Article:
The New World’s First Monumental Civilization

Archaeologists have uncovered monumental finds in recent years that testify to early urbanized civilization dating back at least 5500 years ago in Peru.

Before the great pyramids arose on the ancient Giza Plateau in Egypt, thousands of miles to the west a thriving ancient civilization began constructing monumental structures not far from the Andes mountains in what is today Peru. Like the ancient Egyptians, they too were a deeply religious people, creating what they believed would be a lasting legacy to their gods and kings.  Unlike the ancient Egyptians on the other side of the world, however, these people would eventually pass into oblivion—there were no ancient records and no pottery, other than buried structures, to testify of their existence.  It would be left to archaeology to raise them into modern consciousness.   

In 2008, a team of archaeologists hunched over an excavation in a dry clearing among cultivated fields of the Casma Valley, near Peru’s north-central coast. Here, led by German archaeologist Peter Fuchs, they uncovered a circular, sunken plaza built of stones and adobe. Radiocarbon dating of the materials unearthed at the feature revealed that it had been built between 3500 and 3000 BCE, or as much as 5500 years ago, making it arguably the oldest monumental structure found in the New World. It was the latest and perhaps most sensational discovery at the Sechin Bajo archaeological complex, a site that teams of archaeologists had been investigating since 1992.  It demonstrated that an ancient Peruvian people were building structures typical of ancient urban settlements around the same time as the people of Mesopotamia, Egypt, and India, long considered the earliest architects of urbanized civilization. “Whoever built Sechin Bajo had a good knowledge of architecture and construction,” said Fuchs to a Los Angeles reporter.* A chief difference between the builders of Sechin Bajo and the builders in Mesopotamia and Egypt—the Sechin Bajo people had no pottery.

The archaeologists believe the plaza, measuring 33 to 39 feet across, may have been a gathering site or ceremonial center. An adjacent structure, built around 1800 BCE, featured an adobe frieze depicting a six-foot tall figure with open arms, holding a knife and a human head. Fuchs interprets it as a scene of human sacrifice. It was an image and theme found in excavations at archaeological sites representing later cultures in Peru, such as the famous Lords of Sipan tombs of the Moche culture on Peru’s northern coast.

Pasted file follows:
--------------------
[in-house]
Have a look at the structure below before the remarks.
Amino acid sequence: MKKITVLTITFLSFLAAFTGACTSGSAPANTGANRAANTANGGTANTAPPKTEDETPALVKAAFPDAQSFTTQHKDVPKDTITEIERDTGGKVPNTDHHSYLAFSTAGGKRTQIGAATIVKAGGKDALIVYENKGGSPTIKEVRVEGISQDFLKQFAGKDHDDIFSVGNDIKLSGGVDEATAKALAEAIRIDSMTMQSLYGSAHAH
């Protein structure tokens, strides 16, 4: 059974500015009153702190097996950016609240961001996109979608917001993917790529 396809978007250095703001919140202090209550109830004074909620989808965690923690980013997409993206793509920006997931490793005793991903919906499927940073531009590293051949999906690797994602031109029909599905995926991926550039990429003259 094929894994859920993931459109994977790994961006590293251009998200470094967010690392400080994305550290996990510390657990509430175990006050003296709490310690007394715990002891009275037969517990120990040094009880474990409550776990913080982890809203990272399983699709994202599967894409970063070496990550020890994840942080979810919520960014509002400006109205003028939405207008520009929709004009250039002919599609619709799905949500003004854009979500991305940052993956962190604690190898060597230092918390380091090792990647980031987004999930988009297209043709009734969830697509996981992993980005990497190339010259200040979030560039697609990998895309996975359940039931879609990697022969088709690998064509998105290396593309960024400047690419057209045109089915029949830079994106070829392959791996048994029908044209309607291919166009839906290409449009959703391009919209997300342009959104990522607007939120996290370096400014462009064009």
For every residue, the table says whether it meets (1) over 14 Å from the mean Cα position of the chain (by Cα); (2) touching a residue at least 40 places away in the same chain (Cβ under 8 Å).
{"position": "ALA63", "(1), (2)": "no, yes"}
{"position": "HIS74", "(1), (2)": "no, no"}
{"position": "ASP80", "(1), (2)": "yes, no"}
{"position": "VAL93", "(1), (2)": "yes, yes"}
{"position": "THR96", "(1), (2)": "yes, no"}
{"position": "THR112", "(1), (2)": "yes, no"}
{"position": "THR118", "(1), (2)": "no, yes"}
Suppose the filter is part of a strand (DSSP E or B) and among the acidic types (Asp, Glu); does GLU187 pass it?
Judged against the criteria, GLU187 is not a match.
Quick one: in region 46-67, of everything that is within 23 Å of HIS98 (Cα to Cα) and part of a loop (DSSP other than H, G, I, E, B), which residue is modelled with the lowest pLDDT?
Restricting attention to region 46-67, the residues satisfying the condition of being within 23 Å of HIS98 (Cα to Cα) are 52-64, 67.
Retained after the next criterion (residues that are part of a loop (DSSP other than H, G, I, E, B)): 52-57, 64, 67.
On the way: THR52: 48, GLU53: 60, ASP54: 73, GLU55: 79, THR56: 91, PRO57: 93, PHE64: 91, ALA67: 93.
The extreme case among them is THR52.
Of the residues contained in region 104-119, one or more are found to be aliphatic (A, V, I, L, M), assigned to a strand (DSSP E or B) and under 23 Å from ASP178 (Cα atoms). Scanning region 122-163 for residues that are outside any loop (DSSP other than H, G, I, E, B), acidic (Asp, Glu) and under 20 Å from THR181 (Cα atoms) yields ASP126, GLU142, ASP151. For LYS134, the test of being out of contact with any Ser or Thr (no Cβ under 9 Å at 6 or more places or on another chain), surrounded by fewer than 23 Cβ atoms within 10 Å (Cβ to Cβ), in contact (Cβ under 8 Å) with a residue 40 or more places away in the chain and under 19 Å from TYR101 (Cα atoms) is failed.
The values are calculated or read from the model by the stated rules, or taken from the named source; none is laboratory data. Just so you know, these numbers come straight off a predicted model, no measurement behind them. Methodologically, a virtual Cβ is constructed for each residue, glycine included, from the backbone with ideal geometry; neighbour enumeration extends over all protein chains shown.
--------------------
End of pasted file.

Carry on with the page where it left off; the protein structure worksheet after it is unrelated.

The Sechin Bajo archaeological site, nestled in Peru’s Casma Valley. Sylvain2803, Wikimedia Commons



 Relief carvings found at the Sechin Bajo site. Wikimedia Commons


But the 2008 discovery at Sechin Bajo is not the only site where the remains of very early urbanized civilization in Peru have been discovered. Near the north-central coast archaeologists have unearthed a series of sites that have revealed communal monumental architecture, such as terraced platform mounds, sunken plazas, temple structures, and the beginnings of elaborate art. They are manifestations of the Norte Chico, a Preceramic culture that flourished around 5,000 years ago. Examples of this culture can now be found at sites such as Caral and Huaricanga, which feature massive platform mounds. 



 The large, 5,000-year-old platform mounds at Caral. Percy Meza, Wikimedia Commons


Who exactly were these people? Did they establish the foundations for all later Andean cultures, including the Chavín, previously thought to have been Peru’s oldest urbanized culture, and the well-known Inca? Archaeologists continue to investigate the sites to find the answers.



Interested in personally seeing the pyramids of Caral and other treasures, like those of the Lords of Sipan tombs? Join Popular Archaeology for a specially designed small-group educational tour of these sites, and many more.





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 This richly illustrated issue includes the following stories: Two remarkable discoveries that are shedding light on human beginnings in Africa; a traveling exhibit and an archaeological site that show how knowledge is more valuable than gold; a Spanish cave and a unique burial that are offering a tantalizing glimpse on the lives of Ice Age hunter-gatherers in Europe; the stunning visual reconstruction of an ancient Roman town; enlightening new finds at a remarkably well-preserved site of ancient Hellenistic-Roman culture overlooking the Sea of Galilee; rare finds that are shedding light on occult practices among ancient Greeks in Sicily; and an overview of the overwhelmingly rich archaeological heritage of Britain. Find it on